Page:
Today's News

  • Brunswick Beacon Tournament of Champions begins Saturday at Sea Trail

    The 2008 Brunswick Beacon Tournament of Champions will be played Saturday and Sunday on the Maples Course at Sea Trail.

    In this invitational event, club champions from area courses will play two days of stroke play. The champions, both men and women, must have won their championship in either match play or stroke play competition without handicaps. Net champions are not eligible.

  • The price of politics

    In his unprecedented and historic bid for the White House, president-elect Barack Obama outspent his opponent Sen. John McCain nearly 2-to-1.

    Obama raised $639.2 million, the most money raised by any candidate in the history of American politics. McCain raised $335.3 million—about half of what Obama raised.

    Since the primaries, presidential candidates have raised $1.5 billion to fund their campaigns, which has changed the face of politics in America.

  • Sheriff’s office, municipal police departments team up in new task force

    The Brunswick County Sheriff’s Office has teamed up with local police departments to form The Brunswick County Law Enforcement Investigative Task Force.

    The newly formed task force had its first meeting last Friday. Its goal is curbing property and other crimes through increased information and resource sharing between departments.

    Investigators from municipal police departments will work with sheriff’s deputies in the task force, which divides the county into three sections.

  • Volunteers honored for service

    BOLIVIA—Volunteering is more than one hour here and another hour there. It’s a full-time occupation.

    That’s how Jayne Mathews, director of Brunswick County Volunteer Center, described the dedication of volunteers who were honored Monday afternoon for their service to the county.

  • Eagle Scout project focuses on cleaning up cigarette butts

    Ocean Isle Beach resident Joshua Cappa is helping make his community a cleaner and healthier place for people and animals.

    While working toward his Eagle Scout rank, Cappa is performing a service project that must benefit the community.

    “I determined that making people aware of the damage cigarette butts have would have a lasting impact on our environment,” he said.

  • 11 schools fail to meet AYP

    Eleven of 17 Brunswick County Schools failed to make Adequate Yearly Progress (AYP) as shown by the 2007-2008 performance results released last week by the North Carolina Department of Education.

    Brunswick County Academy, Jessie Mae Monroe Elementary, Leland Middle, Lincoln Elementary, North Brunswick High, Shallotte Middle, South Brunswick Middle, Supply Elementary, Union Elementary, Waccamaw and West Brunswick High did not make AYP.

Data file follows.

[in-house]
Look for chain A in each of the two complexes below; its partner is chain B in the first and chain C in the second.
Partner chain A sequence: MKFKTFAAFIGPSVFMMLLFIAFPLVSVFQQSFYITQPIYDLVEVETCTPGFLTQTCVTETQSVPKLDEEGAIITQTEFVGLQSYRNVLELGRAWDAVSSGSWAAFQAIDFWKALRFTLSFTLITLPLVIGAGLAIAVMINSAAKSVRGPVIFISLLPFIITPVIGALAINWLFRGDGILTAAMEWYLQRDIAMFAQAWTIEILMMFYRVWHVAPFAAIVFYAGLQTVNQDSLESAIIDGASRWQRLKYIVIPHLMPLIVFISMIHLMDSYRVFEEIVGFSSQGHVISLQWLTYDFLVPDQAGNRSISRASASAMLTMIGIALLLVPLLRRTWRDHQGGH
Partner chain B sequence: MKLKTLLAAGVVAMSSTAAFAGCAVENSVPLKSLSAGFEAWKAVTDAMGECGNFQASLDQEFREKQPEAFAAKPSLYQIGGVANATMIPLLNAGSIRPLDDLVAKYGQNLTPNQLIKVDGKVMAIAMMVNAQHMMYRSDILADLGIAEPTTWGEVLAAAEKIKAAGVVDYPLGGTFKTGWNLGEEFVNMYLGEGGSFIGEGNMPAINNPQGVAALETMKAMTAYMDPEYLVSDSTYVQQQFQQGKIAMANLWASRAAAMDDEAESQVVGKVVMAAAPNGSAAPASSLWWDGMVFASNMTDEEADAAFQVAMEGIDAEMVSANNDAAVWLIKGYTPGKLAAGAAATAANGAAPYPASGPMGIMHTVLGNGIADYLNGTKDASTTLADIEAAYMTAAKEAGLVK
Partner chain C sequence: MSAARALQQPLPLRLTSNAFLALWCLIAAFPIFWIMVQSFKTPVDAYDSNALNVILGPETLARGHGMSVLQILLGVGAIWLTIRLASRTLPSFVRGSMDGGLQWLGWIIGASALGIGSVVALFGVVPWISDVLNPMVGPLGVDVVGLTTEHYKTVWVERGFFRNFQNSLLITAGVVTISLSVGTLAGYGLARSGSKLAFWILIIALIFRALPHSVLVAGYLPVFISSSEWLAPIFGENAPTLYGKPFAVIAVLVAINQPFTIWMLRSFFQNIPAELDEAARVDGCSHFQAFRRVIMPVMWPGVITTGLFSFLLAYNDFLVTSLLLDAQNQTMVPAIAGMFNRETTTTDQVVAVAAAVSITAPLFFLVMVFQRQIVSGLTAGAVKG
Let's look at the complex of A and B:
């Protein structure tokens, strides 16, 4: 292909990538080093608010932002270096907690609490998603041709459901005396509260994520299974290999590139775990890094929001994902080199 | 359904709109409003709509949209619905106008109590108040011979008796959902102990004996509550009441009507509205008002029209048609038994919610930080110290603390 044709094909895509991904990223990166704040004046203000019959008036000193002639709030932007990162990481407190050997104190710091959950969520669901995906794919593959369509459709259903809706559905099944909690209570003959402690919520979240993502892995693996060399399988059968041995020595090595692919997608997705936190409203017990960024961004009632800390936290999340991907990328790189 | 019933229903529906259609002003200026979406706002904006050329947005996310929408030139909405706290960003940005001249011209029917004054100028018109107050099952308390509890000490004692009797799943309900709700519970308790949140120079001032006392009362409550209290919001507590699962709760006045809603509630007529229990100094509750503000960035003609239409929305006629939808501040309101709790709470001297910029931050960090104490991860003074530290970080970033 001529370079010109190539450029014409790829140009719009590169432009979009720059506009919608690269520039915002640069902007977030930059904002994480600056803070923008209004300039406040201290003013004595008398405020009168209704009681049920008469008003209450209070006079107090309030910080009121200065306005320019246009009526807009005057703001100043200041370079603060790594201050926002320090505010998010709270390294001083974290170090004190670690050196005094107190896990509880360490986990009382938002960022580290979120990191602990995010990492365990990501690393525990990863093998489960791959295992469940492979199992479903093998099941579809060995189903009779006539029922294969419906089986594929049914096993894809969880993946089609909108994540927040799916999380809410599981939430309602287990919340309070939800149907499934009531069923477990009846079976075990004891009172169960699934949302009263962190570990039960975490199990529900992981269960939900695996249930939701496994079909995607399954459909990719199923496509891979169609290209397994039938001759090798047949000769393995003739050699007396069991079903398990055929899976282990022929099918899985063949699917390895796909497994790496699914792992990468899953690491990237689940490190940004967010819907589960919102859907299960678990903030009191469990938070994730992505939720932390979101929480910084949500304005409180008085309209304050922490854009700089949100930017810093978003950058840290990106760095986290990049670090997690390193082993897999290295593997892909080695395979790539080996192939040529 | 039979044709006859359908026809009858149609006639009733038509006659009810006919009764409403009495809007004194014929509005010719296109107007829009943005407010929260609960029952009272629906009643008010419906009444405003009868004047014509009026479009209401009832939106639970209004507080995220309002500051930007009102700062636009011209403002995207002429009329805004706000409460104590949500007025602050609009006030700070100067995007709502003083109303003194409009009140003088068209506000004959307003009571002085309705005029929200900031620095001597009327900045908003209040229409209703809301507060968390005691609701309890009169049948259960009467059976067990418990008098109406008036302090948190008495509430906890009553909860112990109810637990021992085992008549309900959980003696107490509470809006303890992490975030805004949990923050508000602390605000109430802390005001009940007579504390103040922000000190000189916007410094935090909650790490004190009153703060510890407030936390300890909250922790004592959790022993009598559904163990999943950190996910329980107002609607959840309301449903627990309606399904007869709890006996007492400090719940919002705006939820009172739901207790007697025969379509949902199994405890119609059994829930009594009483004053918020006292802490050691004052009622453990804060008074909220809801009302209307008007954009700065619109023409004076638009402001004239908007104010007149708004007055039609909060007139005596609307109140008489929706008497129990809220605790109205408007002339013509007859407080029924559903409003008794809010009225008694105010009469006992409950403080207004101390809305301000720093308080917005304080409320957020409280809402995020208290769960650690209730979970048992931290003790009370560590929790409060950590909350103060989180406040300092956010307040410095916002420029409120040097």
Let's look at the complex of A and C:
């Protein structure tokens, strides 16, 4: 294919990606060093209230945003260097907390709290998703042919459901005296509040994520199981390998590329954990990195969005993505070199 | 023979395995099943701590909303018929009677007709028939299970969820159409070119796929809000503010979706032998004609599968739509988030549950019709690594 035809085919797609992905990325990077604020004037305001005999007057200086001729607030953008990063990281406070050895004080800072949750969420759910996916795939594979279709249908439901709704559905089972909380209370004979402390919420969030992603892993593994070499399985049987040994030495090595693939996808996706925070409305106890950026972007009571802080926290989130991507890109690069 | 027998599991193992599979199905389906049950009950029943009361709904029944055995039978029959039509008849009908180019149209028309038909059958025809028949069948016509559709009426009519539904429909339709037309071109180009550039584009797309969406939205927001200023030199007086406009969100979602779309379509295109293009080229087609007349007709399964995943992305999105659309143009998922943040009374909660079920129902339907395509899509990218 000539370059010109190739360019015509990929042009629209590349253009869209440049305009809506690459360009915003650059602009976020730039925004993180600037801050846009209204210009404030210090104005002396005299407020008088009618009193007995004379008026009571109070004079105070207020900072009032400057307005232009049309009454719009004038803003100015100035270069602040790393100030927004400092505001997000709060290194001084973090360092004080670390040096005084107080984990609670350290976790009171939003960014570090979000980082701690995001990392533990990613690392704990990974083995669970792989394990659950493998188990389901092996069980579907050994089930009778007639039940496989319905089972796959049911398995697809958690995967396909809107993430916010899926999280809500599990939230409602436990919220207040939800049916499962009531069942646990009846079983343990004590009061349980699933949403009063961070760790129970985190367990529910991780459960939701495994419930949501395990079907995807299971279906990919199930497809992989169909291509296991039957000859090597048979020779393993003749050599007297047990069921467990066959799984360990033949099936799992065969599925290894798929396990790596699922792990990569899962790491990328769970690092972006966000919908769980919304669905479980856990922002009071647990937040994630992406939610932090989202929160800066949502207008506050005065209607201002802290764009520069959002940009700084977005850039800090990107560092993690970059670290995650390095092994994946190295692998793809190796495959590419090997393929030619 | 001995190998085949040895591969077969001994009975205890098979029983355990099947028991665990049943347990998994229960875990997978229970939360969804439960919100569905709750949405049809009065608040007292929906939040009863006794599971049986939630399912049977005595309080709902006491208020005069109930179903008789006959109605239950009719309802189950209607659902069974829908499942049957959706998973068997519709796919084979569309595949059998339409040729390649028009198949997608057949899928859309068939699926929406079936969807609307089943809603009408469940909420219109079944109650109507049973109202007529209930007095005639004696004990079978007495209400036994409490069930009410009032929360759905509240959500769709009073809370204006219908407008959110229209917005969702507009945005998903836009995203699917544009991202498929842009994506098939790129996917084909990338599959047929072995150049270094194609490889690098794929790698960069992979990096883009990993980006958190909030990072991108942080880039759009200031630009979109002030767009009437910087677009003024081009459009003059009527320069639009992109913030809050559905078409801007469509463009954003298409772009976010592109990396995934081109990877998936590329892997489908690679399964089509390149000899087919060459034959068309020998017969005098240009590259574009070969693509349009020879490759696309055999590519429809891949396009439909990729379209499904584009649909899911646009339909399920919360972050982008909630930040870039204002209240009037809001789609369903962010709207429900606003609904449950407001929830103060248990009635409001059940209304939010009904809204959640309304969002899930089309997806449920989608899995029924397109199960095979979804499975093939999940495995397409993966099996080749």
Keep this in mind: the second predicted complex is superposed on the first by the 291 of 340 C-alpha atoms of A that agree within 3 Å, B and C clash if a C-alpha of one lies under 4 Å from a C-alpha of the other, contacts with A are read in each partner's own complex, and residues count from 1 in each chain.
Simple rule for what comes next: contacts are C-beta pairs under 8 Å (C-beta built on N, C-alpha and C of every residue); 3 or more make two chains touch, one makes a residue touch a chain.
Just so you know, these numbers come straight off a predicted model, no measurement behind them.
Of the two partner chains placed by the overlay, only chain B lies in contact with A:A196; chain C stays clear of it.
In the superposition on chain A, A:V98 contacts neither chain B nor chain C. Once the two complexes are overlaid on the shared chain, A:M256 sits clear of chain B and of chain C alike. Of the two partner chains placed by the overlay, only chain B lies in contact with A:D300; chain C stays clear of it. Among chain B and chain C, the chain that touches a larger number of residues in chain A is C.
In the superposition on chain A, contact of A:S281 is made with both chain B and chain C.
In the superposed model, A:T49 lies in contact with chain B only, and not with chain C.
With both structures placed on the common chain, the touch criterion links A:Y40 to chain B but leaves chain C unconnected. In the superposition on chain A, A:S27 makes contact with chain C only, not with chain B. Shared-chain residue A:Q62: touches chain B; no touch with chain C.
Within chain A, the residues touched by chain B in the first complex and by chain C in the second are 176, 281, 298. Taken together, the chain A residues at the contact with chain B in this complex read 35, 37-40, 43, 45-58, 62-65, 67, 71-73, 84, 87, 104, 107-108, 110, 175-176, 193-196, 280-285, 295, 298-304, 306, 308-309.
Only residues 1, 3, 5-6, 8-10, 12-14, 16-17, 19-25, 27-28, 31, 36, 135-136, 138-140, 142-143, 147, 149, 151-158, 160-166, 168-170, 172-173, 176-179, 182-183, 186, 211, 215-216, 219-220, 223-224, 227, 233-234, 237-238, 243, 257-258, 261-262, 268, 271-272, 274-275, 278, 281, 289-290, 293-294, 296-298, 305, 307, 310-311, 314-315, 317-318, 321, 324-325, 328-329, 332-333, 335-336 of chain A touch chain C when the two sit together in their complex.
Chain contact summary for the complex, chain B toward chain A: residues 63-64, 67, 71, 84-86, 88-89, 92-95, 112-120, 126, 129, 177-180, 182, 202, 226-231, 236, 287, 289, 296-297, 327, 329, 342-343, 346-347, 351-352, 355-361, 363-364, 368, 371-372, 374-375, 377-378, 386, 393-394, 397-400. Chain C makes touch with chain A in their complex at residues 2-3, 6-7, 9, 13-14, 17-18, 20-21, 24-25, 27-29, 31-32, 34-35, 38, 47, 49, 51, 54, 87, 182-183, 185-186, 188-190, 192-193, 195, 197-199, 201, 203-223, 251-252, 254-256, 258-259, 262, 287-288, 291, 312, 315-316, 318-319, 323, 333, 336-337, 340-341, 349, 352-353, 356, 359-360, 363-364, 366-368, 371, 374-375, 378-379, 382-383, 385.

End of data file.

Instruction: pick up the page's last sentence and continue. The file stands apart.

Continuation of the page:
• County revisits dangerous dog ordinance



    BOLIVIA—Brunswick County is taking another look at its dangerous dog ordinance.

  • Third annual ‘Senior Follies’ deemed a success

    Singers, dancers, comedians and other talents may have been the headliners of last weekend’s “Senior Follies,” but it’s the Randolph family who will benefit from the third annual event.

    About 1,400 people attended Habitat’s two-day, two-act production—proceeds from which will help fund the Randolphs’ new Habitat home.

  • Strike early during fall to better control lawn weeds

    The cooler weather of autumn may not have completely shut our warm-season grasses down, but mowing is probably a moot point for most of us now. While you may be enjoying the lawn care break, you can do yourself lots of good in the ongoing battle on lawn weeds by striking early.

    Applied to centipede, St. Augustine and Bermuda lawns, atrazine will control some of the existing weeds and keep lots of other winter weeds from showing up.

    You may say, “Heck, I don’t see any weeds out there.” You may be right, but look closely.

  • Colorful fall foliage is peaking in Brunswick County

    If you haven’t seen the colorful fall foliage, then walk outside and take a look. Your eyes are in for a wonderful treat.

    Our botanical garden in Bolivia is peaking with many bright hues of yellow, red, orange and purple. I often hear we do not have any color change in southeastern North Carolina, but I beg to differ. There are a number of plants showing off right now, but hurry, it will not last.

    If you like what you see and want to add more color in your landscape, then jot down the names of the plants you like and plant them this fall.